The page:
Journal Information
Vol. 98. Issue 6.
Pages 486-487 (1 June 2023)
Vol. 98. Issue 6.
Pages 486-487 (1 June 2023)
Images in Paediatrics
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Percutaneous solution of post-cardiac surgery complications
Solución percutánea de complicaciones postcirugía cardiaca
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Luis Fernandez Gonzaleza,
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, Roberto Blanco Mataa, Josune Arriola Meabea, Jose Miguel Galdeano Mirandab
a Cardiología Intervencionista, Hospital Universitario de Cruces, Baracaldo, Vizcaya, Spain
b Cardiología Pediátrica, Hospital Universitario de Cruces, Baracaldo, Vizcaya, Spain
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We present the case of an infant aged 2 months with dextrotransposition of the great arteries who had undergone arterial switch surgery. The patient could not be extubated due to left-side chylothorax1 and haemoptysis, with radiological evidence of occlusive thrombosis of the left jugular-subclavian venous system and an aberrant right bronchial artery2 originating from the right subclavian artery (Fig. 1). The chosen approach was percutaneous procedure in 2 steps. A dual femoral approach was used for venous recanalization, reaching the left jugular vein through the intracranial venous system, then advancing through the innominate vein to the origin of the left jugular vein, establishing a veno-venous shunt. This was followed by progressive balloon predilatation, in which the largest calibre corresponded to a Tyshak mini balloon (NuMED) measuring 6 × 20 mm, achieving recanalization of the innominate artery and the left jugular and subclavian arteries (Fig. 2; Appendix B, video 1).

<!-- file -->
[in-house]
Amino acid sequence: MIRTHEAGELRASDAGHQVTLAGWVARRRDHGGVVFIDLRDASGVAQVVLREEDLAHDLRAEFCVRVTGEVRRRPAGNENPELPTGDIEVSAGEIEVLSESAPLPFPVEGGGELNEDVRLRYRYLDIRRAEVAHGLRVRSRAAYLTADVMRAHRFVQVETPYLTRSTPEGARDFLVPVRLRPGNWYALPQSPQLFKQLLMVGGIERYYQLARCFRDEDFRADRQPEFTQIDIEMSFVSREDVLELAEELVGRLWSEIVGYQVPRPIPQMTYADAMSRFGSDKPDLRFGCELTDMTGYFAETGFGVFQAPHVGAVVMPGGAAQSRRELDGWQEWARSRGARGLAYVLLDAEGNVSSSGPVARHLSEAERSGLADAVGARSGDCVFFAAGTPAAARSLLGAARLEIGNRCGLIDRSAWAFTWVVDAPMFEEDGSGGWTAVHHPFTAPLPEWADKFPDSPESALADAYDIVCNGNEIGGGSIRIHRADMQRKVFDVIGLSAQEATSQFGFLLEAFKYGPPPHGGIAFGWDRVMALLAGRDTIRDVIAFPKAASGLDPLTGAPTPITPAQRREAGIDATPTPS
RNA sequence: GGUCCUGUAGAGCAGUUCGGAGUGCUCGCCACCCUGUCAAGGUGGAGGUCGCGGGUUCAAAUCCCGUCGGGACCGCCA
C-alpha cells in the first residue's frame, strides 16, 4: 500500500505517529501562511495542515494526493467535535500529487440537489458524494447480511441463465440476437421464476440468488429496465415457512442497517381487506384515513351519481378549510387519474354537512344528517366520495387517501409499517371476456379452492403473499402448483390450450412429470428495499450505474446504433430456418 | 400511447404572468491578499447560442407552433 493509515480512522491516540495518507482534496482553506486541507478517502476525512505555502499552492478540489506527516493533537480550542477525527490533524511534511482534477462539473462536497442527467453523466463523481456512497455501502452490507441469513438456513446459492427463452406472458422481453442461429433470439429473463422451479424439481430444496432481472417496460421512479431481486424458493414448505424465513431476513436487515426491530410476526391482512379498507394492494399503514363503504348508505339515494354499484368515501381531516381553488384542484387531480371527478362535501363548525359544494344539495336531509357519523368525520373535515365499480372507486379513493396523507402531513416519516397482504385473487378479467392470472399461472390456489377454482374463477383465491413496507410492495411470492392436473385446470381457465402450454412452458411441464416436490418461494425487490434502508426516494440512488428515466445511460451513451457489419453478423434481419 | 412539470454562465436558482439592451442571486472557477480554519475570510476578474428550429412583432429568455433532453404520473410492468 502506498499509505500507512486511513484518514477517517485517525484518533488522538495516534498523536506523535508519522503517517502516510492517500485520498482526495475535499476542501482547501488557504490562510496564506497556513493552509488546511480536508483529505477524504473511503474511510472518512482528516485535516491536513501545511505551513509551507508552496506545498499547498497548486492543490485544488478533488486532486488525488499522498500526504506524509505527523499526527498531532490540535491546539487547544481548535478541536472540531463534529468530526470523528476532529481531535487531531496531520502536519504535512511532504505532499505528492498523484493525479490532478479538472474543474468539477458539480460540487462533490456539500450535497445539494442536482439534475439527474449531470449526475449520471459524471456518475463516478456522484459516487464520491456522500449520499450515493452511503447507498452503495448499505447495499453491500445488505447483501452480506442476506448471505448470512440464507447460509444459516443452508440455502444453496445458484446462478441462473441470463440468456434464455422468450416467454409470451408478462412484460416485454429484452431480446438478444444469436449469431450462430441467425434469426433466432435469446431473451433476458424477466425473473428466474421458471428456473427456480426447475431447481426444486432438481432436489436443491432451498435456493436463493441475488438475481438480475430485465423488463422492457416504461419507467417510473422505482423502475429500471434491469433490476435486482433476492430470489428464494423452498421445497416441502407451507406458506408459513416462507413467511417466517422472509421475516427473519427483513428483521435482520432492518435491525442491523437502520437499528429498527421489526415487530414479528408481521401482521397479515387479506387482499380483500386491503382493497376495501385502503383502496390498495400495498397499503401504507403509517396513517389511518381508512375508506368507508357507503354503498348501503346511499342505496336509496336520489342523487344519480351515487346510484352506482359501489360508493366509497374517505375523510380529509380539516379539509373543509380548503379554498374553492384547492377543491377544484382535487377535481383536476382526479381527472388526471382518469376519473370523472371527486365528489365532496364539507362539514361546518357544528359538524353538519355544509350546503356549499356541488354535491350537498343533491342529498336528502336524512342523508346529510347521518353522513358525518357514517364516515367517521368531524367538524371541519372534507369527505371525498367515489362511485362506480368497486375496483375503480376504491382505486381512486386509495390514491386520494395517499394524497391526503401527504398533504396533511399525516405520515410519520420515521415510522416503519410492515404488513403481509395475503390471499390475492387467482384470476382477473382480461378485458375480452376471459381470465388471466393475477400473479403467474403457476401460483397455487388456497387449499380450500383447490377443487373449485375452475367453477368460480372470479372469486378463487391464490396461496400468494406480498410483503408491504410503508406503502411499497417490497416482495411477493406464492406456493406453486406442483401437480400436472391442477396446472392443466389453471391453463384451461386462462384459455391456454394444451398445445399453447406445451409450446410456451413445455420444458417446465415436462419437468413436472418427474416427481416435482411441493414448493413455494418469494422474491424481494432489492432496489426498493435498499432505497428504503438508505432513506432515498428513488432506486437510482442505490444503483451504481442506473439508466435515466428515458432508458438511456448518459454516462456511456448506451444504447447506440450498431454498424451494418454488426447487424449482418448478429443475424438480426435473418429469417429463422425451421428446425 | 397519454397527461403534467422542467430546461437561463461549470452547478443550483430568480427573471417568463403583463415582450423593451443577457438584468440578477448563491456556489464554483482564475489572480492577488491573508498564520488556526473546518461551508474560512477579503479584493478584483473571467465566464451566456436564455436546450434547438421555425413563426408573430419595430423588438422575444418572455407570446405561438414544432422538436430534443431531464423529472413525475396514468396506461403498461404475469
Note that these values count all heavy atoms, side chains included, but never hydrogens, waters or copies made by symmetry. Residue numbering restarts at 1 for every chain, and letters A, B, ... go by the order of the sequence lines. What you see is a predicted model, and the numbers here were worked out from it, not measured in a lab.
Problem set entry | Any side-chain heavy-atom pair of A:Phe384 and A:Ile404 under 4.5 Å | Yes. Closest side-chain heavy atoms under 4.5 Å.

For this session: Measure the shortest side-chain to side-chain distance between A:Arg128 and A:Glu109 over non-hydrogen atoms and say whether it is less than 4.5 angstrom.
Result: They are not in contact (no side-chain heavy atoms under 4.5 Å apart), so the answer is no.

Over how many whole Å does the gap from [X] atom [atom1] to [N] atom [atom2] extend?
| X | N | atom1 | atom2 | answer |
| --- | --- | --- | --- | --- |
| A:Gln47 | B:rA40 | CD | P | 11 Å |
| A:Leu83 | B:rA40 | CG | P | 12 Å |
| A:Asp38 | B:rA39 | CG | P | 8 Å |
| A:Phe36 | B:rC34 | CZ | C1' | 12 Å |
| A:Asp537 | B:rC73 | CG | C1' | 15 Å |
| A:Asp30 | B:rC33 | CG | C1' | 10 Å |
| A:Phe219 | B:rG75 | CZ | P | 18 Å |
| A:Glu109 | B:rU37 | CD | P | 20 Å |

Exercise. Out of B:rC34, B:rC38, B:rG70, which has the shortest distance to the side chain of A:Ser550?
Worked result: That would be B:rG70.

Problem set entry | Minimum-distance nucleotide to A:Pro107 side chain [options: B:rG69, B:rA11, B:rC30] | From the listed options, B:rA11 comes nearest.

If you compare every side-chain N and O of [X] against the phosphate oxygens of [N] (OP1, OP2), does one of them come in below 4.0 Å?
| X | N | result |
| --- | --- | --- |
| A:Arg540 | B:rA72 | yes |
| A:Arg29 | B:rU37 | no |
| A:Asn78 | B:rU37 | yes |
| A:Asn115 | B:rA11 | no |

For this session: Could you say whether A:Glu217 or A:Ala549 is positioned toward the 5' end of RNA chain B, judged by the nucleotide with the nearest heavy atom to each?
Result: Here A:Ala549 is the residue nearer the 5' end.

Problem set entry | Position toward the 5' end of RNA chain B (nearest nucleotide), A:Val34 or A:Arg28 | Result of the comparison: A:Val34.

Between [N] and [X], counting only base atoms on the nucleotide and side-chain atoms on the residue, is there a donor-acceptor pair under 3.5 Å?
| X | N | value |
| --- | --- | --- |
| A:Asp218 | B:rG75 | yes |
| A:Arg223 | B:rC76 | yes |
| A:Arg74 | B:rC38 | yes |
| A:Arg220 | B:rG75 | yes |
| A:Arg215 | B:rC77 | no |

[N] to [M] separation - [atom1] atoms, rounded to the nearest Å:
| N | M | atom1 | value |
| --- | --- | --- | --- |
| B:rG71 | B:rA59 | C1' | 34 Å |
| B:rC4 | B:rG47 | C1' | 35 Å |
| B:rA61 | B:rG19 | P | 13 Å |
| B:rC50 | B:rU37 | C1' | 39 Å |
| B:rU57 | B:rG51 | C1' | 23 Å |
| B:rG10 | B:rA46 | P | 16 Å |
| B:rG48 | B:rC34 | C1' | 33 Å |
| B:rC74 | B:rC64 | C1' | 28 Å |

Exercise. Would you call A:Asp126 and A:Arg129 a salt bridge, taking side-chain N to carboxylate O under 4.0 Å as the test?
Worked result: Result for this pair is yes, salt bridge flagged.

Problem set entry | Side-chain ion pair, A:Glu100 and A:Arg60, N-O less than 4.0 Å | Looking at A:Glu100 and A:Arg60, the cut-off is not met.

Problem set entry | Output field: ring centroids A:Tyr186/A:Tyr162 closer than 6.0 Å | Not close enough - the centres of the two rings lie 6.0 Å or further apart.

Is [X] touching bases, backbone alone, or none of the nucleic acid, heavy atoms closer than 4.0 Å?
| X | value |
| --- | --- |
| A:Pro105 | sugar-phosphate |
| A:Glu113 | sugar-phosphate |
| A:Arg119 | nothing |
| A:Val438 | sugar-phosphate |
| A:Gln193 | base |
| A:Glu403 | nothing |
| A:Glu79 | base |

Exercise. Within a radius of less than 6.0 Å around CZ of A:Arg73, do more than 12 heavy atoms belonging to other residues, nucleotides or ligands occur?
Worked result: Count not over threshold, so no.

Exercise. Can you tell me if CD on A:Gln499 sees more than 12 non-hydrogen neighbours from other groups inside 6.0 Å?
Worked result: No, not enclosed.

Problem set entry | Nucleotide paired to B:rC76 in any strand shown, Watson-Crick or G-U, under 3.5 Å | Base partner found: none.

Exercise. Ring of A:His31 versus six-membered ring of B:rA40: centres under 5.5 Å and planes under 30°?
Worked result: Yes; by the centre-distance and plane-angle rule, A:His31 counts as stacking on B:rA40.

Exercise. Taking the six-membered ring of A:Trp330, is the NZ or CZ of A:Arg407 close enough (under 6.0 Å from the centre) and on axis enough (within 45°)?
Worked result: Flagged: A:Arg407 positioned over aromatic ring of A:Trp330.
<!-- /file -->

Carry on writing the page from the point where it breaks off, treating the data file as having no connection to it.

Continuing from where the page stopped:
Figure 1.

Computed tomography images. (A and B). Thrombosis of the left jugular-subclavian system. (C and D) Aberrant right bronchial artery originating from the right subclavian artery.

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Figure 2.

(A–C) Advance of the angioplasty guide wire and microcatheter from the right internal jugular vein through the intracranial venous system to the left jugular vein. (D) Crossing through the innominate vein to establish the veno-venous shunt. (E and F) Progressive balloon predilatation. (G) Final result with patency of the left jugular-subclavian venous system. (H) Follow-up Doppler ultrasound examination before discharge confirming the persistence of luminal patency.

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A second procedure, via arterial access, involved selective catheterization of the bronchial artery, advancing a coronary guidewire and a Cantata microcatheter (Cook medical, USA) to the medial region, where 6 microcoils were delivered, achieving full embolization (Fig. 3; Appendix B, video 2). The outcome was favourable, and the patient could be extubated and discharged from hospital.

Figure 3.

(A) Selective catheterization with multipurpose catheter from the left subclavian artery. (B) Coronary guidewire advanced over the microcatheter to the medial bronchial artery. (C and D) Release of coils, achieving effective embolization of the vessel.

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Appendix A
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References
[1]
P. Álvarez Vega, S. Cadenas Menéndez, A. Sánchez Serrano, J.L. Fernández Sánchez, M.J. Martín Sánchez, M. López Zubizarreta.
Chylothorax due to upper-extremity deep vein thrombosis.
Arch Bronconeumol, 53 (2017), pp. 83-84
[2]
T. Sismanlar, A.T. Aslan, K. Akkan, E. Cindil, B. Onal, B. Ozcan.
Successful embolization in childhood hemoptysis due to abnormal systemic arterial bleeding of the lung and review of the literature.
Clin Respir J, 10 (2016), pp. 693-697
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